New York (HedgeCo.Net) – Since Obama’s Jumpstart Our Business Startups Act (JOBs Act), the ban on hedge fund advertising has been lifted. The JOBS Act became law in March 2012 and made the initial recommendation to allow “general solicitation” for private issuers, the law was approved with bipartisan support in both houses of Congress.
The rule went into affect on September 23rd 2013 and so far only 8 hedge funds have filed for the *506c exception:
– Zeus Alpha LP
– Steben Select Multi-Strategy Partners, L.P.
– Force Select LTD
– Big Tree Capital Opportunity Fund I, L.P.
– Big Tree Capital Emerging Markets Fund, L.P.
– Ogee Group LLC
– Steben Select Multi-Strategy Partners, L.P., and,
– Israel Investment Fund LP.
“While hedge funds are finally allowed to advertise, we believe that funds will be cautious in adopting general solicitation.” Evan Rapoport, founder of industry portal HedgeCo.net, said. “No one wants to be first and sign up to be the regulators’ guinea pig, but I do think that if you work with advertisers that have familiarity with securities regulations, the early adopters have a large opportunity to launch successful campaigns.”
He went on to say: “We believe the first funds to take advantage of the JOBS act will more than likely be some of the largest funds in existence. It is the larger investment companies that can afford the upfront costs associated with rolling out a successful advertising and branding campaign.”
*Rule 506 of Regulation D is considered a “safe harbor” for the private offering exemption of Section 4(2) of the Securities Act. Companies using the Rule 506 exemption can raise an unlimited amount of money. A company can be assured it is within the Section 4(2) exemption by satisfying the following standards:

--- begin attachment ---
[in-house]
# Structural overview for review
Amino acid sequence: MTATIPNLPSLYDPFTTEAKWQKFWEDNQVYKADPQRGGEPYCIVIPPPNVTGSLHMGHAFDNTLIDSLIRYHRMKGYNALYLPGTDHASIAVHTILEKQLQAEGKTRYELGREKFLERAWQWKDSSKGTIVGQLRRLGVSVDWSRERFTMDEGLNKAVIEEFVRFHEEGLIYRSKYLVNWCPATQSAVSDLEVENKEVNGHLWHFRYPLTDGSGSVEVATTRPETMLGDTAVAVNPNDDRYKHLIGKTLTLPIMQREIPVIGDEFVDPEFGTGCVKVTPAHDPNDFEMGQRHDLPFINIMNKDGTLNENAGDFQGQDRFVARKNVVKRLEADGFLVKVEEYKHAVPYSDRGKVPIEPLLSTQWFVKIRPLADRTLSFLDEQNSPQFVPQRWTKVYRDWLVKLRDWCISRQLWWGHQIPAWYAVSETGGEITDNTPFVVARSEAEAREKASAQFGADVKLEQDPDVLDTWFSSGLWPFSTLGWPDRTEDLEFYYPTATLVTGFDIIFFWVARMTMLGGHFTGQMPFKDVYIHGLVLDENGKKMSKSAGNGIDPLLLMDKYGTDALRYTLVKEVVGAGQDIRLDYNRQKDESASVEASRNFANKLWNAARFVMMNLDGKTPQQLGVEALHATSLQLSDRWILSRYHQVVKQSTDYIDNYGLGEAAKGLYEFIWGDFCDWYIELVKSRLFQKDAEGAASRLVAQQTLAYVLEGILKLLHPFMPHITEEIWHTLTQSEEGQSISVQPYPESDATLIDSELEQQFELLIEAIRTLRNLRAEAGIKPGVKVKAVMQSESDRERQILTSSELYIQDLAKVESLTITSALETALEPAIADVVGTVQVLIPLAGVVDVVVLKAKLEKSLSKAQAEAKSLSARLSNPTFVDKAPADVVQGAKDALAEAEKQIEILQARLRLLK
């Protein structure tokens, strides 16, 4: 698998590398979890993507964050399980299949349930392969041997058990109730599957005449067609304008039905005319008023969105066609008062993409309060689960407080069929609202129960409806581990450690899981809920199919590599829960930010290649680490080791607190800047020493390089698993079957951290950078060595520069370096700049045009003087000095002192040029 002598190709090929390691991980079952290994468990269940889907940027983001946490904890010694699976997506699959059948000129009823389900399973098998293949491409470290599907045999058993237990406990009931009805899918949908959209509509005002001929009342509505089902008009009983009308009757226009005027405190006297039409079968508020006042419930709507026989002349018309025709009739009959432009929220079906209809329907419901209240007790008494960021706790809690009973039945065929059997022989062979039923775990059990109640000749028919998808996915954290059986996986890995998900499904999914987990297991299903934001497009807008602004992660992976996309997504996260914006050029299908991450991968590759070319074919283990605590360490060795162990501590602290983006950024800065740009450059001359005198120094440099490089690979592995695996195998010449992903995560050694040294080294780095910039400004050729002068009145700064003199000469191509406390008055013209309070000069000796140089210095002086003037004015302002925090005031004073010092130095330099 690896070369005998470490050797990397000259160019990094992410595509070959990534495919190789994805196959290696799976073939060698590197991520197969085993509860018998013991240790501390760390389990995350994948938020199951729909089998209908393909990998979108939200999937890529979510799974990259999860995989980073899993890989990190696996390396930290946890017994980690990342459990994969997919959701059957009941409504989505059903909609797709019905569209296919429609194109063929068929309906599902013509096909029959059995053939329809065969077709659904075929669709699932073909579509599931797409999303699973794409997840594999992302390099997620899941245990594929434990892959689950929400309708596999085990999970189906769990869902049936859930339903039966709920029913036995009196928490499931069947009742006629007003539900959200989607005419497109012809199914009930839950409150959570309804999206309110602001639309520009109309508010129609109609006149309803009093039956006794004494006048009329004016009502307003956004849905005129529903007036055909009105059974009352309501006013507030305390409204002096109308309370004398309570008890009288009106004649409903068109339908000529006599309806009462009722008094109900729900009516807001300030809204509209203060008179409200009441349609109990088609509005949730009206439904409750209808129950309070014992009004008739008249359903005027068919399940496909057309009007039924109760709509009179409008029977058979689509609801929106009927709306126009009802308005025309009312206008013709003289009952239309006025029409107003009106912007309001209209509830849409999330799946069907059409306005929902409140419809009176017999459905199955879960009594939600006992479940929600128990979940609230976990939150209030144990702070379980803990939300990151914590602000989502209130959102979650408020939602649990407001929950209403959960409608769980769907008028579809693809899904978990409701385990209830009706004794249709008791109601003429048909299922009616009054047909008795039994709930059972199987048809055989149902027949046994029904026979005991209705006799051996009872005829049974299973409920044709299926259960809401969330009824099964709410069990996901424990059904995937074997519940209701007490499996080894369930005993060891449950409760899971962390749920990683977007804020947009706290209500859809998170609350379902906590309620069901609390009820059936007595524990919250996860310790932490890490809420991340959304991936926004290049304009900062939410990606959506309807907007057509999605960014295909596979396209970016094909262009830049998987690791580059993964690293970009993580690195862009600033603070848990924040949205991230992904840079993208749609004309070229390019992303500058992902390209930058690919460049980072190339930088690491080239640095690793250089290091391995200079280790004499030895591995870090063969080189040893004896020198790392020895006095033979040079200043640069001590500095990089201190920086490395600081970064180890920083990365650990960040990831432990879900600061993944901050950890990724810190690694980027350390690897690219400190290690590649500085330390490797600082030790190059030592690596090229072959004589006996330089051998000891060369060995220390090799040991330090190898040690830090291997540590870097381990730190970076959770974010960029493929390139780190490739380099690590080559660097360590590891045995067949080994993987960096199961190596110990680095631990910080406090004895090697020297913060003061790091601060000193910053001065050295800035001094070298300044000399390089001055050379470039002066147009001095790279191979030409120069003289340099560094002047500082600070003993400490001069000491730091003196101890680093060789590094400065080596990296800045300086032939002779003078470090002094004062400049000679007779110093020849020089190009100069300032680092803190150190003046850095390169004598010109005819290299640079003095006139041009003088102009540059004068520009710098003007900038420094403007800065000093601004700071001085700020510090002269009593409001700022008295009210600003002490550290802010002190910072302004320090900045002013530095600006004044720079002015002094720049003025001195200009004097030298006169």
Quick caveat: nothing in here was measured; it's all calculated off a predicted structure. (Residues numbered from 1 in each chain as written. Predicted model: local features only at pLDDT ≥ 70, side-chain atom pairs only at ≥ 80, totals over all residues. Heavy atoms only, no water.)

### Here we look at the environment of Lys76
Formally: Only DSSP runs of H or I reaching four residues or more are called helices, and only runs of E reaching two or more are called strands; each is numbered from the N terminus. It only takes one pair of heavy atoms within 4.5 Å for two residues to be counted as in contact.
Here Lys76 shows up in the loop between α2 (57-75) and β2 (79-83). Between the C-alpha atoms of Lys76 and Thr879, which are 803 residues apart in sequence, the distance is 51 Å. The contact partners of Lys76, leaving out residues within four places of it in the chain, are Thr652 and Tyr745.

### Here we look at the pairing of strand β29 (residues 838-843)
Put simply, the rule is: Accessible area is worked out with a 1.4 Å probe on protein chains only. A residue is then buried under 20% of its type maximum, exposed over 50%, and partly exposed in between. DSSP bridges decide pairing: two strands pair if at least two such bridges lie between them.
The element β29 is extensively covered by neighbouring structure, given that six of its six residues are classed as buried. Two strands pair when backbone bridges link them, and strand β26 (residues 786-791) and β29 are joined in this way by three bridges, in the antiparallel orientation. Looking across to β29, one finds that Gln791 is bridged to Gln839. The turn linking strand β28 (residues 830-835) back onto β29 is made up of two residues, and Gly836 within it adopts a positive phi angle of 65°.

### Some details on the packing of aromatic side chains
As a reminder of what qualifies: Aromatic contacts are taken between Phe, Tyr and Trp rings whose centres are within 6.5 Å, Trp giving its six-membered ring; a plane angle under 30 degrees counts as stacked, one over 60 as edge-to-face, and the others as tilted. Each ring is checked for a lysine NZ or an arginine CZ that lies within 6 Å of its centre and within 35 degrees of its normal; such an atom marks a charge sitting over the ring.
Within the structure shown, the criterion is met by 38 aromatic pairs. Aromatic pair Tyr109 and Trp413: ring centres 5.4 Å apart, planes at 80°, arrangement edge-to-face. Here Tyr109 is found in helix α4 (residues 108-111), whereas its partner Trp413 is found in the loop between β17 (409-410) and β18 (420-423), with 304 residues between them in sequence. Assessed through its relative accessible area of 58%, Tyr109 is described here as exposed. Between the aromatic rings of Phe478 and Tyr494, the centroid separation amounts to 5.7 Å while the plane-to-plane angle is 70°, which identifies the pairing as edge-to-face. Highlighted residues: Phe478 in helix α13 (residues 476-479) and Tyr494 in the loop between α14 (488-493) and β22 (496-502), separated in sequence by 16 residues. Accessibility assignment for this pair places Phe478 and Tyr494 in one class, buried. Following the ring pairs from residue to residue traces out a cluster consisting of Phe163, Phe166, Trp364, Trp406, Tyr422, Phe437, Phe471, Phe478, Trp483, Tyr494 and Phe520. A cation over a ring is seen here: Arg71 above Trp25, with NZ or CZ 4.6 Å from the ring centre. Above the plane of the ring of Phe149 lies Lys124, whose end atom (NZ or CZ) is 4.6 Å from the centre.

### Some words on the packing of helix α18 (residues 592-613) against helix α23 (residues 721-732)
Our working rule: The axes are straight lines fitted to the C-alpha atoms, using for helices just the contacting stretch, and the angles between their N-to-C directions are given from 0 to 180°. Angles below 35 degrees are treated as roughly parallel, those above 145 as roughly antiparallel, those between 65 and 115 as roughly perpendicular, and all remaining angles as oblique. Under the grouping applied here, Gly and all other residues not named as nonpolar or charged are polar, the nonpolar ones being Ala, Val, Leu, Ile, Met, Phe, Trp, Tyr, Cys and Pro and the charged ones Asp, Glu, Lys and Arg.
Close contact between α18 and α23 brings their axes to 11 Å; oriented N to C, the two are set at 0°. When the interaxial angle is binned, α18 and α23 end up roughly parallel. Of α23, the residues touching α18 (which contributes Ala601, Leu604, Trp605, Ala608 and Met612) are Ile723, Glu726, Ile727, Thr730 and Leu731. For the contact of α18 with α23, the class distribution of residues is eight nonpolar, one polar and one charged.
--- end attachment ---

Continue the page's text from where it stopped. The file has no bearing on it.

- The company cannot use general solicitation or advertising to market the securities;
- The company may sell its securities to an unlimited number of “accredited investors” and up to 35 other purchases. Unlike Rule 505, all non-accredited investors, either alone or with a purchaser representative, must be sophisticated—that is, they must have sufficient knowledge and experience in financial and business matters to make them capable of evaluating the merits and risks of the prospective investment;
- Companies must decide what information to give to accredited investors, so long as it does not violate the antifraud prohibitions of the federal securities laws. But companies must give non-accredited investors disclosure documents that are generally the same as those used in registered offerings. If a company provides information to accredited investors, it must make this information available to non-accredited investors as well;
- The company must be available to answer questions by prospective purchasers;
- Financial statement requirements are the same as for Rule 505; and
- Purchasers receive “restricted” securities, meaning that the securities cannot be sold for at least a year without registering them.
If you are thinking about investing in a Reg D company, you should access the EDGAR database to determine whether the company has filed Form D. . If the company has not filed a Form D, this should alert you that the company might not be in compliance with the federal securities laws.
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